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Superintendent Tom Boasberg Moderates Panel of Student Apprentices | Denver Public Schools
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Superintendent Tom Boasberg Moderates Panel of Student Apprentices

Oct. 4, 2018
 

Contact: Jessie Smiley, Media Relations, Jessie_Smiley@dpsk12.org

Denver Public Schools Celebrates Ninth-Annual College and Career Readiness Month

Denver – As Denver Public Schools (DPS) kicks off its ninth-annual College and Career Readiness Month, some students have already begun gaining hands-on experience in college and career – the CareerConnect Apprenticeship Program combines free college credits with paid work experience. They are showcasing their immersive work-based learning, which provides them with transferable professional skills needed after graduating from high school and gives them a competitive advantage in the workforce.

On Wednesday, Oct. 3, student apprentices gathered at Abraham Lincoln High School (ALHS) to participate in an interactive panel, moderated by Superintendent Tom Boasberg, and shared their unique experiences apprenticing at local businesses first-hand, before giving a tour of their Concurrent Enrollment college classrooms. Panelists included student apprentices from the current program cohort at both ALHS and High Tech Early College (HTEC), as well as their pathways directors.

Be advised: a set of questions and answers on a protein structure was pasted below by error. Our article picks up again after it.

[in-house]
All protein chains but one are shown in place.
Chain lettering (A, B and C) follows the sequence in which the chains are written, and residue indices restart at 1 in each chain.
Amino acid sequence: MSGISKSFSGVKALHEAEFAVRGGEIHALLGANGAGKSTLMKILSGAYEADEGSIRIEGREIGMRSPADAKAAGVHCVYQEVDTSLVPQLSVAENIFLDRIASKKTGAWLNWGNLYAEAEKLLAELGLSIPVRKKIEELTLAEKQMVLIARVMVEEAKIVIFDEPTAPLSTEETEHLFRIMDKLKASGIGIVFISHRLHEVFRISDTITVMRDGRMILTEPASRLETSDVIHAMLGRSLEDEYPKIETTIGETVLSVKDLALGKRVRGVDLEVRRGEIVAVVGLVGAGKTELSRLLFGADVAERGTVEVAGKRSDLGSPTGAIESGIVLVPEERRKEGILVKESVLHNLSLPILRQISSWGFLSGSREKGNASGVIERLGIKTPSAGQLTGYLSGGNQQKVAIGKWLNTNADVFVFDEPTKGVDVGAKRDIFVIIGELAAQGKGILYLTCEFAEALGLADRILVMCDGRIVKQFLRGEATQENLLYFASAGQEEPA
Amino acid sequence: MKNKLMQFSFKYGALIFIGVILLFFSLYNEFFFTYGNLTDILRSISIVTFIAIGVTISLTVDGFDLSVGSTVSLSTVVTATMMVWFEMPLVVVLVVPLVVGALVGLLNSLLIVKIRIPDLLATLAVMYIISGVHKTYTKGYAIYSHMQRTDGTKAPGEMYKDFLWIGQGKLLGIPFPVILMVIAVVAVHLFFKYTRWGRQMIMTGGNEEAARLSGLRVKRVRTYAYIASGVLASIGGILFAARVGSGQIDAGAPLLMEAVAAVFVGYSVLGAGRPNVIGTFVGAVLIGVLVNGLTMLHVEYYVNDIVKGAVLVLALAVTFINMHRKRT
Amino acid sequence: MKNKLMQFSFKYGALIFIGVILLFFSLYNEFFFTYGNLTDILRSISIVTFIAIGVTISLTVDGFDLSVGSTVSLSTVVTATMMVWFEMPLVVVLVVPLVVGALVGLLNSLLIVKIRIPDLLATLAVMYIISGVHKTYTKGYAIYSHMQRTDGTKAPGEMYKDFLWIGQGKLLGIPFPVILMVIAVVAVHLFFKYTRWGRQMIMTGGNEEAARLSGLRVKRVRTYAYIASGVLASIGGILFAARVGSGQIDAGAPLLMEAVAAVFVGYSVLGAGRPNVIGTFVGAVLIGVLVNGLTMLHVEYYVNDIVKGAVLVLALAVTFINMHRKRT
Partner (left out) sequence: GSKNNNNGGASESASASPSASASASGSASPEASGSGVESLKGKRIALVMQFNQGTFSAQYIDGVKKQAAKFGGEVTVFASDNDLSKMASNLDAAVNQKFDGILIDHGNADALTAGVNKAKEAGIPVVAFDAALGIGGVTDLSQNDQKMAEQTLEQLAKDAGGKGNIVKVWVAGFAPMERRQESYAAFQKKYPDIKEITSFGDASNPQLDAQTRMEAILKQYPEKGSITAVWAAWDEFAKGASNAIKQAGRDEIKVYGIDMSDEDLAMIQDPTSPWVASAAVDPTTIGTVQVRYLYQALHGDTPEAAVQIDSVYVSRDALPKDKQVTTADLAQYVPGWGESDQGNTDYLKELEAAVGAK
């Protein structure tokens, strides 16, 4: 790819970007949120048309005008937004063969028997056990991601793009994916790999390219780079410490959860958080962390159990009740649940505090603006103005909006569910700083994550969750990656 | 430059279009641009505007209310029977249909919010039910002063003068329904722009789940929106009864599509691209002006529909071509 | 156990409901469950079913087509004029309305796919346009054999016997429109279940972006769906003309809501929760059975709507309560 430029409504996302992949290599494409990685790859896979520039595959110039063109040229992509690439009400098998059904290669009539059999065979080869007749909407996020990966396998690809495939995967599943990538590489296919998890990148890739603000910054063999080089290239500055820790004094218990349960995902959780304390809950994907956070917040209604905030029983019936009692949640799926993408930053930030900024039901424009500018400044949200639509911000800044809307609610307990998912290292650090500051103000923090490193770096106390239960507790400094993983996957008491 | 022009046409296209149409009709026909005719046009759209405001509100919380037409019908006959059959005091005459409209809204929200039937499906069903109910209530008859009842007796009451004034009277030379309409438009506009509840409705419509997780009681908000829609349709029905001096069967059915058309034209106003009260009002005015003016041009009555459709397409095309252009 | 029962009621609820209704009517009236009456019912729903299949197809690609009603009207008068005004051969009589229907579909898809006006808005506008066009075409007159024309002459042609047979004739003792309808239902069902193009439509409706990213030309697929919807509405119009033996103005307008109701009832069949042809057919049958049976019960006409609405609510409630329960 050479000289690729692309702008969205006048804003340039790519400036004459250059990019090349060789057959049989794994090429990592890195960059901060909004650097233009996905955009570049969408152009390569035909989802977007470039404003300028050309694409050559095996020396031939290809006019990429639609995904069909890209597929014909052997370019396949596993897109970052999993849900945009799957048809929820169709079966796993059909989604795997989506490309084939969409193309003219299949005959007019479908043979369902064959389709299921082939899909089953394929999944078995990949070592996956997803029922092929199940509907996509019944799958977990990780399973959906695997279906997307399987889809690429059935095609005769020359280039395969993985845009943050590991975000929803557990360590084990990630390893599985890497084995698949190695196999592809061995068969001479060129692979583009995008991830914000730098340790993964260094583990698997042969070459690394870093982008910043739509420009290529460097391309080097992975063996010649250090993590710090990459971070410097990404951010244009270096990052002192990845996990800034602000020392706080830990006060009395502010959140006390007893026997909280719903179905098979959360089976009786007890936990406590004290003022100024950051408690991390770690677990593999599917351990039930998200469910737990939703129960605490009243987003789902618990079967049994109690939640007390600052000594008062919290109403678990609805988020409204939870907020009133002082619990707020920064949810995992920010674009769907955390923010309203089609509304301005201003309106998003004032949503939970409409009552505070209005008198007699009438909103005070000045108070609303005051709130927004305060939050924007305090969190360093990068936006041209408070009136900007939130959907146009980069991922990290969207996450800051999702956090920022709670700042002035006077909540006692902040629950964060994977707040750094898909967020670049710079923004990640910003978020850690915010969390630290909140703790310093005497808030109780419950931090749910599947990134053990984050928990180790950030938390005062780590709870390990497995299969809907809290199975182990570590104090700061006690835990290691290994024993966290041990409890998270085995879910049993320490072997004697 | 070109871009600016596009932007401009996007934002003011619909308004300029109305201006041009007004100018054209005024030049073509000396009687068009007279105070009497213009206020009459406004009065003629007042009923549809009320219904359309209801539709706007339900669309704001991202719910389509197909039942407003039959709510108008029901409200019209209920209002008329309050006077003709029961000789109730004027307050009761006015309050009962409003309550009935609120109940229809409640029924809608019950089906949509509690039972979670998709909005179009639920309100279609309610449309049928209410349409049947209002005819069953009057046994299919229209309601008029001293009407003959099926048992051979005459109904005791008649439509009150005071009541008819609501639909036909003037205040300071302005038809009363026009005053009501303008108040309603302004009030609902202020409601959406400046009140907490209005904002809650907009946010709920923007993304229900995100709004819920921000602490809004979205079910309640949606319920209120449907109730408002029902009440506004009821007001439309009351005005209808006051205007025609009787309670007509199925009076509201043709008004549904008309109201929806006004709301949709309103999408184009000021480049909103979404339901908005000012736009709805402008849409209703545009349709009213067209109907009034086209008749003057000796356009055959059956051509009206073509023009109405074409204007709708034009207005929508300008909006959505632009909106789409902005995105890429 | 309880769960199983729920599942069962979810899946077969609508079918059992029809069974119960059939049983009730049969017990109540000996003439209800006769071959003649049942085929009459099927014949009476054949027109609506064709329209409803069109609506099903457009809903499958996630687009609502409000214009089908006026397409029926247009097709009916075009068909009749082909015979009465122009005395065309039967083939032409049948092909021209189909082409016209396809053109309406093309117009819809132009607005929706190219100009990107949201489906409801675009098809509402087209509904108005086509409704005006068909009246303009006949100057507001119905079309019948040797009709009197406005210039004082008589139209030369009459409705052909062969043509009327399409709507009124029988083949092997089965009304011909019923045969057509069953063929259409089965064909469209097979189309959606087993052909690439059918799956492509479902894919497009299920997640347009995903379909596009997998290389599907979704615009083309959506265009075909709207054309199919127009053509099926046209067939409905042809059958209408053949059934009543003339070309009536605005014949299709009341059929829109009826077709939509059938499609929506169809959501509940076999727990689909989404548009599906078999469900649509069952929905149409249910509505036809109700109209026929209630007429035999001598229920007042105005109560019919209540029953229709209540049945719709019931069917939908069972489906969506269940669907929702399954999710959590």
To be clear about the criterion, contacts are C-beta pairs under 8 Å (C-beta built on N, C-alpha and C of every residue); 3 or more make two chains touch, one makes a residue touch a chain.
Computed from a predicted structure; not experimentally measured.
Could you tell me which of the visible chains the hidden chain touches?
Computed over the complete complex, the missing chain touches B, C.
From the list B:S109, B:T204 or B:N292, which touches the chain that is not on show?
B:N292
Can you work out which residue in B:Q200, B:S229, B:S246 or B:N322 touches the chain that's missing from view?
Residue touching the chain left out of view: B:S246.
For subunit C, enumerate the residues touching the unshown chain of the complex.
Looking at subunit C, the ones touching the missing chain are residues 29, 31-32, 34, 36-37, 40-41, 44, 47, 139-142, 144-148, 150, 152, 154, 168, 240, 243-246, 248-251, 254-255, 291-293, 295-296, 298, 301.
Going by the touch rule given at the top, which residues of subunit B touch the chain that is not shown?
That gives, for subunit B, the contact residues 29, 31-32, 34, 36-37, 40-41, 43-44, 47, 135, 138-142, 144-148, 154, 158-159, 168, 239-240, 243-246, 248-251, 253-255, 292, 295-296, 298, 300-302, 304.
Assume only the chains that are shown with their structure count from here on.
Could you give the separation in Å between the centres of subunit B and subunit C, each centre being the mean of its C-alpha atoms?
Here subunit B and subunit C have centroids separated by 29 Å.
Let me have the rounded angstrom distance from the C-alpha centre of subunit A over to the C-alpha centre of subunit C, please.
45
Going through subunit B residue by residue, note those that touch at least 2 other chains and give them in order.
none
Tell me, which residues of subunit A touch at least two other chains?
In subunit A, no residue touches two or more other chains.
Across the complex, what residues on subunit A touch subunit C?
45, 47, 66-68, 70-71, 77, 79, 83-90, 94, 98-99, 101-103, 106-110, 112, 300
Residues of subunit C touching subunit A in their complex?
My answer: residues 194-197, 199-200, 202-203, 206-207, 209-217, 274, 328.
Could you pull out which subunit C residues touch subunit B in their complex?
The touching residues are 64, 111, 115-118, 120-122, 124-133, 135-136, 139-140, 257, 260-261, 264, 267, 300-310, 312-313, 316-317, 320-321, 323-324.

“Where my parents come from— everything is impossible. When I first heard about this program, I didn’t think it was real. I thought, ‘how am I, a 16-year-old, going to get this business job?’ It’s amazing to succeed this young. I think it’s cool you guys provide this,” said Jacqueline Marquez-Cavoya, a junior at ALHS and business apprentice at 2-10 Homebuyer’s Warranty.

The DPS CareerConnect Apprenticeship Program, offered in partnership with CareerWise Colorado, is a groundbreaking three-year program that combines paid work experience and college credit. Strengthening professional skills gives students a competitive advantage in the workforce. For DPS students, the apprenticeship program is offered in five high-growth industries including finance and technology. Students complete the program with college credit, industry certification and the meaningful work experience that enables them to step into a career and/or continue their higher education and industry training.

“It takes a lot of perseverance— and that can’t be overlooked,” said Emily Takimoto, DPS CareerConnect Work-based Learning Coordinator at HTEC.
Throughout the month of October, DPS is celebrating College and Career Readiness Month and high schools are encouraging students to take advantage of the various college- and career-ready programs available to them to help them reach their dreams and to build their plans for their futures.

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